LoveReading View on The General

Forester is now best known for his Hornblower series but this gem is a vivid and visceral depiction of the First World War. Born in 1899 Forester tried to enlist but failed his medical so never saw the horrors of the trenches first hand but having lived through the era was perfectly placed to dissect it. Written in 1936 it follows the career of a very ordinary officer as he rises through the ranks and comes up against the now mythologised horrors of ‘modern’ trench warfare with a Victorian mindset that saw so many soldiers slaughtered. Fascinating and powerful.

Sarah Broadhurst

The General Synopsis

A superb yet neglected novel, 'The General' is the most vivid, moving - and devastating - word-portrait of a World War One British commander ever written, here re-introduced by Max Hastings. Best known for his Hornblower novels, C.S. Forester's 1936 masterpiece follows Herbert Curzon, who fumbled a fortuitous early step on the path to glory in the Boer War. 1914 finds him an honourable, decent, brave and wholly unimaginative colonel. Survival through the early slaughters in which so many fellow-officers perished then brings him rapid promotion. By 1916, he commands 100,000 British soldiers, whom he leads through the horrors of the Somme and Passchendaele. Wonderfully human, this is the story of a man of his time who is anything but wicked, yet presides over appalling sacrifice and tragedy. In his awkwardness and his marriage to a Duke's unlovely, unhappy daughter, Curzon embodies Forester's full powers as a story-teller. Rendered with exquisite compassion are Curzon's patriotism, diligence, sense of duty and refusal to yield to difficulties. But also powerfully damned is the same spirit which caused a hundred real-life British generals to serve as high priests at the bloodiest human sacrifice in the nation's history. A masterful and insightful study about the character of 1914-18's military commanders, 'The General' confirms Forester's rightful place as one of the finest novelists of his generation.

The General Press Reviews

'A superb novel. It blends Forester's preference for military subjects and solid unreflective characters, his irony, his grasp of history and his gift for lean, hypnotic narrative'
New York Times

'Confirms Forester's rightful place as one of the finest novelists of his generation'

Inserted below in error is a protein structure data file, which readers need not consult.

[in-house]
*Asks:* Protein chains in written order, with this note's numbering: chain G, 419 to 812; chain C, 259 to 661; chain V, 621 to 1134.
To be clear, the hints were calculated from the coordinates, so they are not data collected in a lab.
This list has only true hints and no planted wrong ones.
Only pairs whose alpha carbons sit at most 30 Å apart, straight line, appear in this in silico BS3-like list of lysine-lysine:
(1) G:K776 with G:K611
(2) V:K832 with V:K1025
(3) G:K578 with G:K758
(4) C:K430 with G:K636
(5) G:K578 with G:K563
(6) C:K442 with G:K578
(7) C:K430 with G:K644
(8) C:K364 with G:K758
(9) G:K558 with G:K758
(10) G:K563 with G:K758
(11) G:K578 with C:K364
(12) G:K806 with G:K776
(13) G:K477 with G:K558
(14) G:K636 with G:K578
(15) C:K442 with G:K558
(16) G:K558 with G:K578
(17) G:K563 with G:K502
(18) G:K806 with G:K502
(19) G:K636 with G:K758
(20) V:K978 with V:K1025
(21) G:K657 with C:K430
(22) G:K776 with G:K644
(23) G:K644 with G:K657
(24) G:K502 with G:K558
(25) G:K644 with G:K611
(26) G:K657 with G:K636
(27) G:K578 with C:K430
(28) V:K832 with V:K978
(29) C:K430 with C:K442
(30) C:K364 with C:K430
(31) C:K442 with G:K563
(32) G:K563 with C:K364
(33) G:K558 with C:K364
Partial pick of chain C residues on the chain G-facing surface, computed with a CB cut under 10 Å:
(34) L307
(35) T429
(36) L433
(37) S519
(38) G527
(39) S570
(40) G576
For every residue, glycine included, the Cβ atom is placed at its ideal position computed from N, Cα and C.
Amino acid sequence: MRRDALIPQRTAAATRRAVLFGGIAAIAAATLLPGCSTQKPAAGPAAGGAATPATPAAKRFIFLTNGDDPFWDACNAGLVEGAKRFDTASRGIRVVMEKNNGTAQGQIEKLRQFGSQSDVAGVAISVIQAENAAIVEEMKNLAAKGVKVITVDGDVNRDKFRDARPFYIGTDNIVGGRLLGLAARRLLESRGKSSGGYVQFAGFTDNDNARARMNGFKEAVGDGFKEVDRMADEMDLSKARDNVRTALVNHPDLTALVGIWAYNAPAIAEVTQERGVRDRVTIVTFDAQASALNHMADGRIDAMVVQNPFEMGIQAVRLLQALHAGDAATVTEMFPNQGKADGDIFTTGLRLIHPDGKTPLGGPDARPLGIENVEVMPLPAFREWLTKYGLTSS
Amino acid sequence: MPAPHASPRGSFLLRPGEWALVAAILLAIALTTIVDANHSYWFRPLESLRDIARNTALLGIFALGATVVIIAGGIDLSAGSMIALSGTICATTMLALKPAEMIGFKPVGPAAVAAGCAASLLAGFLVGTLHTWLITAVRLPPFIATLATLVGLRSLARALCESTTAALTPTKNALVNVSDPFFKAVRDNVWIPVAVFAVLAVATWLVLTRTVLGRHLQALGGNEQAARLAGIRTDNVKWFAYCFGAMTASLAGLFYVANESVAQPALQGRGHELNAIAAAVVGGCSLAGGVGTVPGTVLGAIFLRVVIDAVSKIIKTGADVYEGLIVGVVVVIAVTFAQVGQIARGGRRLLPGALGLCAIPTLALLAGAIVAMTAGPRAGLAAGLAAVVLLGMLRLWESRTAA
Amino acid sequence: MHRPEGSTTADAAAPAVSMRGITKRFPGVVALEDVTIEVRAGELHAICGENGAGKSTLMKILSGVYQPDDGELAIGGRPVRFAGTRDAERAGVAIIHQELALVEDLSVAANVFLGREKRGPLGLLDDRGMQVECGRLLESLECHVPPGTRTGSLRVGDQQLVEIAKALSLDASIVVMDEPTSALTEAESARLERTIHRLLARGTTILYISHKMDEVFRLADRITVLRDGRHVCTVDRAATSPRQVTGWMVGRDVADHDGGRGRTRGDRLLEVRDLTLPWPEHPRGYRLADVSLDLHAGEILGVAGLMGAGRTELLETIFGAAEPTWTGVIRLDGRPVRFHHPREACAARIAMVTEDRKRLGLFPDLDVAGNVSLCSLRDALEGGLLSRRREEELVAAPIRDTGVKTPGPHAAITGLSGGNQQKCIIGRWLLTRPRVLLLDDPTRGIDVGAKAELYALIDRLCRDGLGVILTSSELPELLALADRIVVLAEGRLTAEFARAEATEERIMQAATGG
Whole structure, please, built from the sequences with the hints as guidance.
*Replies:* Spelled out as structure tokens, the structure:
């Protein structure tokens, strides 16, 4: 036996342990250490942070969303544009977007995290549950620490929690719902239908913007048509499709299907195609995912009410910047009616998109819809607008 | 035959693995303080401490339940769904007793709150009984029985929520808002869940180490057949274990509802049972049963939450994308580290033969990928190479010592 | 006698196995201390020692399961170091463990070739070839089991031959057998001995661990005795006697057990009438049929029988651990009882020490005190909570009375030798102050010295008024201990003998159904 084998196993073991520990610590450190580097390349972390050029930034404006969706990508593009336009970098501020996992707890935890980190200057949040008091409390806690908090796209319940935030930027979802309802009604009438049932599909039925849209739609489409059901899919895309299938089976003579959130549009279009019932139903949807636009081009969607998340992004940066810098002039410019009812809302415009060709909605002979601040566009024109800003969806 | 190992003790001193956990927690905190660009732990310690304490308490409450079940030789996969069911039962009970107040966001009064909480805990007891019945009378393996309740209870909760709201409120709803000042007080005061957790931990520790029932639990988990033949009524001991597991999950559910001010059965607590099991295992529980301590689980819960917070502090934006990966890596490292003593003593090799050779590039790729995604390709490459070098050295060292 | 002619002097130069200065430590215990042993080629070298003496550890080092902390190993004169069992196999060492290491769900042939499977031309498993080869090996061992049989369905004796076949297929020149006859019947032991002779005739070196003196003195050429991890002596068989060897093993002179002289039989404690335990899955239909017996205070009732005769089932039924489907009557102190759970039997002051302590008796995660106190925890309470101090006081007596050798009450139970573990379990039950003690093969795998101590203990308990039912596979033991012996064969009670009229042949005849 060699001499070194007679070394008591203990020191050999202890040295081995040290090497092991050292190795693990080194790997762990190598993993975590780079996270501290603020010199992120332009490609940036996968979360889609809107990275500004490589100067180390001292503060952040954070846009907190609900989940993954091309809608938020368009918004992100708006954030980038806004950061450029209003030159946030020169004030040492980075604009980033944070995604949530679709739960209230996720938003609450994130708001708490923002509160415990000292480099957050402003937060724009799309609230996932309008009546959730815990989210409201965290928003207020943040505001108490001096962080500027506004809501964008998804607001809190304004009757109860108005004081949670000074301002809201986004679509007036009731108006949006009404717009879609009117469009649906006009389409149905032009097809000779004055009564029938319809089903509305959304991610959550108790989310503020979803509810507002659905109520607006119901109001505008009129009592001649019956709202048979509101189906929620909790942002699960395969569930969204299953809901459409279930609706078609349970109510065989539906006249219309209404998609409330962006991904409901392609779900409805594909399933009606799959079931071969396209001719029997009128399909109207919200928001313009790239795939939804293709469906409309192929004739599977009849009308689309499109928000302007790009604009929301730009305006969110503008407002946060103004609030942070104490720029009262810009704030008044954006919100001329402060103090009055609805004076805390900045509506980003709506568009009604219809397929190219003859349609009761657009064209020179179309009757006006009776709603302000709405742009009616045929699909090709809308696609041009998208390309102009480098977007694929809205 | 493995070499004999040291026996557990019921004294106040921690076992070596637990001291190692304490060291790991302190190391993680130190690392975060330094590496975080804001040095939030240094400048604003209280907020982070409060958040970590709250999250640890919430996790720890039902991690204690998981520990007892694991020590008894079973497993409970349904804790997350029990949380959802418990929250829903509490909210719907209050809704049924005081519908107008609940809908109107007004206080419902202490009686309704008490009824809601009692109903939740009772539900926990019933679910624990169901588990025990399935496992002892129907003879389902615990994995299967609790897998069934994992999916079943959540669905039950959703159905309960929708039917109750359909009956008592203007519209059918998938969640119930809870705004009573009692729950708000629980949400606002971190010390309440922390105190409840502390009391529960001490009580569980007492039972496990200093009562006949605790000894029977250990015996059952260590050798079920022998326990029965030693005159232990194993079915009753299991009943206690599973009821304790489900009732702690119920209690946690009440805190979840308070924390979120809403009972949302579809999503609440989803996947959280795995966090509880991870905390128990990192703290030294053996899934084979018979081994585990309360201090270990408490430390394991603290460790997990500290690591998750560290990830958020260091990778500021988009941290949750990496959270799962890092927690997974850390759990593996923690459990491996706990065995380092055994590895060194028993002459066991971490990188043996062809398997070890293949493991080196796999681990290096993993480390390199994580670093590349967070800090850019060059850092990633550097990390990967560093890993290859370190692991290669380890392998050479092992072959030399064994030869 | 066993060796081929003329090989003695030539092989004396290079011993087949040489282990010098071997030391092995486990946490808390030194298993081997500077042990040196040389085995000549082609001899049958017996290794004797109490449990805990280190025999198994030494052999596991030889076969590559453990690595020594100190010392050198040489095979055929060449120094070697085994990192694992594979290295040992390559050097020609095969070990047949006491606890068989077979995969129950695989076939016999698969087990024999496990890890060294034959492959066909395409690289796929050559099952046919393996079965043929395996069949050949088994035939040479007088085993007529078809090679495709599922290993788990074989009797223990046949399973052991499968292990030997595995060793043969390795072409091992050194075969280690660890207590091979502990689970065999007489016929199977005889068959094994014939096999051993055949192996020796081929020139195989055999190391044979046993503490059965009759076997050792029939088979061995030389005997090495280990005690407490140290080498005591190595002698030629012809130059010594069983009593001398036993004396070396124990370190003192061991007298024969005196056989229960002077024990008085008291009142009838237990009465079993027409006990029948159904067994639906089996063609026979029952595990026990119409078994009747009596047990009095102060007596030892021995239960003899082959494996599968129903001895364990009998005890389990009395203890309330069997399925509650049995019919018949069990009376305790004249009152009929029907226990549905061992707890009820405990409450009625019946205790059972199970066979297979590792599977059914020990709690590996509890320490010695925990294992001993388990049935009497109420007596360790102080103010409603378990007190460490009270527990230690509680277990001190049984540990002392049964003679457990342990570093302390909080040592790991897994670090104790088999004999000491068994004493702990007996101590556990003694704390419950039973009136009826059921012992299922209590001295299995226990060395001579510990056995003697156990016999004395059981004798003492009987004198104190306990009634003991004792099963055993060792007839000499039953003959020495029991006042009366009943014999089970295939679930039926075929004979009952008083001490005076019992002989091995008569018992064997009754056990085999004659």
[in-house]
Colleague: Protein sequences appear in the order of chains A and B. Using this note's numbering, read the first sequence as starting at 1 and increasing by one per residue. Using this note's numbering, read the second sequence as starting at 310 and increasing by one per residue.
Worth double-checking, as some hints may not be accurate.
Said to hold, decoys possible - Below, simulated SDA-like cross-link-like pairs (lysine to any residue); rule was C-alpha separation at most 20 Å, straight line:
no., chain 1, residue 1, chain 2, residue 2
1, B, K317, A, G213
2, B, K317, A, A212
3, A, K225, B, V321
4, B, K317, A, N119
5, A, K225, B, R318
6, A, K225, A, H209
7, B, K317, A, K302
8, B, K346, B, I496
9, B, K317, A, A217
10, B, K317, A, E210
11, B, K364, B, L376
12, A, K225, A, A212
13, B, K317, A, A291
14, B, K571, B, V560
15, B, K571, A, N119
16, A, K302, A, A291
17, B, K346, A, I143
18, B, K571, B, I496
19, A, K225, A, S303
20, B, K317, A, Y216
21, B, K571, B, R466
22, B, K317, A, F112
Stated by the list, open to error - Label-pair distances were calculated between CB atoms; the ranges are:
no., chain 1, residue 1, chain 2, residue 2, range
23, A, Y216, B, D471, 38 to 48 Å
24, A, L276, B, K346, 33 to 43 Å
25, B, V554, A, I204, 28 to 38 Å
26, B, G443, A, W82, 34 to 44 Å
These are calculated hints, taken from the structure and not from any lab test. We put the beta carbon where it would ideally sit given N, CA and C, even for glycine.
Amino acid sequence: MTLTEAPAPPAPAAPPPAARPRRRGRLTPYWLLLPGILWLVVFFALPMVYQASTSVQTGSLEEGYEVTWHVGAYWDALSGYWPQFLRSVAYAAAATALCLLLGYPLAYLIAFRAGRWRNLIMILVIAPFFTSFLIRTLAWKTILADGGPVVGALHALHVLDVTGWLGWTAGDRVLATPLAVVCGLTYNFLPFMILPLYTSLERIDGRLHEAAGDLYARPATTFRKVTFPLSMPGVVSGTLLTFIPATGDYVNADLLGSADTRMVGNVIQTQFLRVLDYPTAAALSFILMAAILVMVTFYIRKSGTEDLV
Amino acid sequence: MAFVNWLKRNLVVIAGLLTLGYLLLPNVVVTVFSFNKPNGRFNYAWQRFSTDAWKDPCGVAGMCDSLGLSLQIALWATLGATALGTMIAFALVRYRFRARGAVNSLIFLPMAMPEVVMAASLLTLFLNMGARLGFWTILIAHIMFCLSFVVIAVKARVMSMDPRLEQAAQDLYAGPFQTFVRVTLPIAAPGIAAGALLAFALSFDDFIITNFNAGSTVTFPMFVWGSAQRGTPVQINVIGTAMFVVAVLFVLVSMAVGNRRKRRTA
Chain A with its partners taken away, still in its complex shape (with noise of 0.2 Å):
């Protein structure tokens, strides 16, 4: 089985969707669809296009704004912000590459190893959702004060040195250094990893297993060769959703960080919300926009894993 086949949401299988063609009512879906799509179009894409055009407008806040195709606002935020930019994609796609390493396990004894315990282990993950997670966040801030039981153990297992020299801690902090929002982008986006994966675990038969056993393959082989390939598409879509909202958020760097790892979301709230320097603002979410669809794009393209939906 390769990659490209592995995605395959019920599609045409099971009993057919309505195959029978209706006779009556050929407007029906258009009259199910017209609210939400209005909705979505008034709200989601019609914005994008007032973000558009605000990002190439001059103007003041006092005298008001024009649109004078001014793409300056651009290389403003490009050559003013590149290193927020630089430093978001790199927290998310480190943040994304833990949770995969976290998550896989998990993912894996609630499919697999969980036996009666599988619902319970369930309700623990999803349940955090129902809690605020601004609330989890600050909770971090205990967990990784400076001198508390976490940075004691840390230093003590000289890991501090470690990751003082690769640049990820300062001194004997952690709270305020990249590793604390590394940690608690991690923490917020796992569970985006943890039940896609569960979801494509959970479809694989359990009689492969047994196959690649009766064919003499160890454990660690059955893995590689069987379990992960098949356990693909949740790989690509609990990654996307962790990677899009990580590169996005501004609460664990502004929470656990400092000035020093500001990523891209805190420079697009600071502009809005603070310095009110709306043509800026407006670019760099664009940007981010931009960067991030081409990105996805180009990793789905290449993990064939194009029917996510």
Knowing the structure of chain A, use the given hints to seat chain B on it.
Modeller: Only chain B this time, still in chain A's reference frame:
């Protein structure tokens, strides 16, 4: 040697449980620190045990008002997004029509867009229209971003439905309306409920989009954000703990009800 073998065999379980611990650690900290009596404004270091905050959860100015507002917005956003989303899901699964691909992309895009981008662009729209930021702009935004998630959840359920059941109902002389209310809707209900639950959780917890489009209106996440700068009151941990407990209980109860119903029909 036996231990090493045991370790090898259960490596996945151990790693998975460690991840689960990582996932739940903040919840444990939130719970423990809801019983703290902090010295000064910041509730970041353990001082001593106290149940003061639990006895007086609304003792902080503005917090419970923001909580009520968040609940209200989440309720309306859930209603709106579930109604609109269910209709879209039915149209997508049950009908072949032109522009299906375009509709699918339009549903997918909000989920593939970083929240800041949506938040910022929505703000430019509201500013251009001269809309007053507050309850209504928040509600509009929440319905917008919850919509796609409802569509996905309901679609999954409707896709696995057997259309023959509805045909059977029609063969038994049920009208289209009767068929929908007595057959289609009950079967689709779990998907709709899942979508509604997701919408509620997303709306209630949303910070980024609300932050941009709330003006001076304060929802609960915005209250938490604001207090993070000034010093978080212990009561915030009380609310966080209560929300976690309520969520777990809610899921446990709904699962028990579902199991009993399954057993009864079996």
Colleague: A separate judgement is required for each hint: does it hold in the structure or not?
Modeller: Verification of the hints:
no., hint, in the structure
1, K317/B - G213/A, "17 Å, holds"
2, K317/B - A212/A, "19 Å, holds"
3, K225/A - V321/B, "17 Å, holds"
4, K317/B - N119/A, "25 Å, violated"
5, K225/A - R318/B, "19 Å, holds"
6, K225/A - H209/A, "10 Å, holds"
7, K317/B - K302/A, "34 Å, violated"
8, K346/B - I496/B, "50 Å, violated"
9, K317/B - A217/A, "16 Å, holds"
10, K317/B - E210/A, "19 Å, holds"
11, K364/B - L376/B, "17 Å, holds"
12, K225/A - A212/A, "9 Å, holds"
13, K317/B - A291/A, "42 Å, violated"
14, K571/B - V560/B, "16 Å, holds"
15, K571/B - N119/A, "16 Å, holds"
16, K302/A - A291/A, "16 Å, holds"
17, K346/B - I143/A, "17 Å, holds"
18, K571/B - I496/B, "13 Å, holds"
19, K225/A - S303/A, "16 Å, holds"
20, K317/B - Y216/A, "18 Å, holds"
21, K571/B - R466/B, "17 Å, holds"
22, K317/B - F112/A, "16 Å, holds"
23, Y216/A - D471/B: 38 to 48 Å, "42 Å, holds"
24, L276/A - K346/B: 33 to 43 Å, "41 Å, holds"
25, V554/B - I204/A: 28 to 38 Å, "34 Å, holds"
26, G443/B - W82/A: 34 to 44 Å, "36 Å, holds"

Max Hastings

'The most penetrating and subtle study of a Regular army officer that I have ever read'
Observer

'A portrait for all time of an individual in his period'
H.G. Wells

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All versions of this book

ISBN: 9780007580071
Publication date: 26/02/2015
Publisher: HarperCollins Publishers Ltd an imprint of HarperCollins Publishers
Format: Paperback

ISBN: 9780007580057
Publication date: 22/05/2014
Publisher: William Collins an imprint of HarperCollins Publishers
Format: Hardback

Book Information

ISBN: 9780007580071
Publication date: 26th February 2015
Author: C. S. Forester, Sir Max Hastings
Publisher: HarperCollins Publishers Ltd an imprint of HarperCollins Publishers
Format: Paperback
Pagination: 320 pages
Genres: eBook Favourites, Historical Fiction,
Categories: First World War fiction, Classic fiction (pre c 1945),

About C. S. Forester, Sir Max Hastings

C. S. Forester was born in Cairo in 1899. After studying medicine, he rose to fame with tales of naval warfare. On the outbreak of World War Two he worked for the British Ministry of Information in America writing propaganda. His most notable works were the twelve Horatio Hornblower books, depicting a Royal Navy officer during the Napoleonic era, and 'The African Queen'. His novels 'A Ship of the Line' and 'Flying Colours' were jointly awarded the 1938 James Tait Black Memorial Prize for fiction. He died in 1966.   Max Hastings is the author of several books, many about warfare. The most ...

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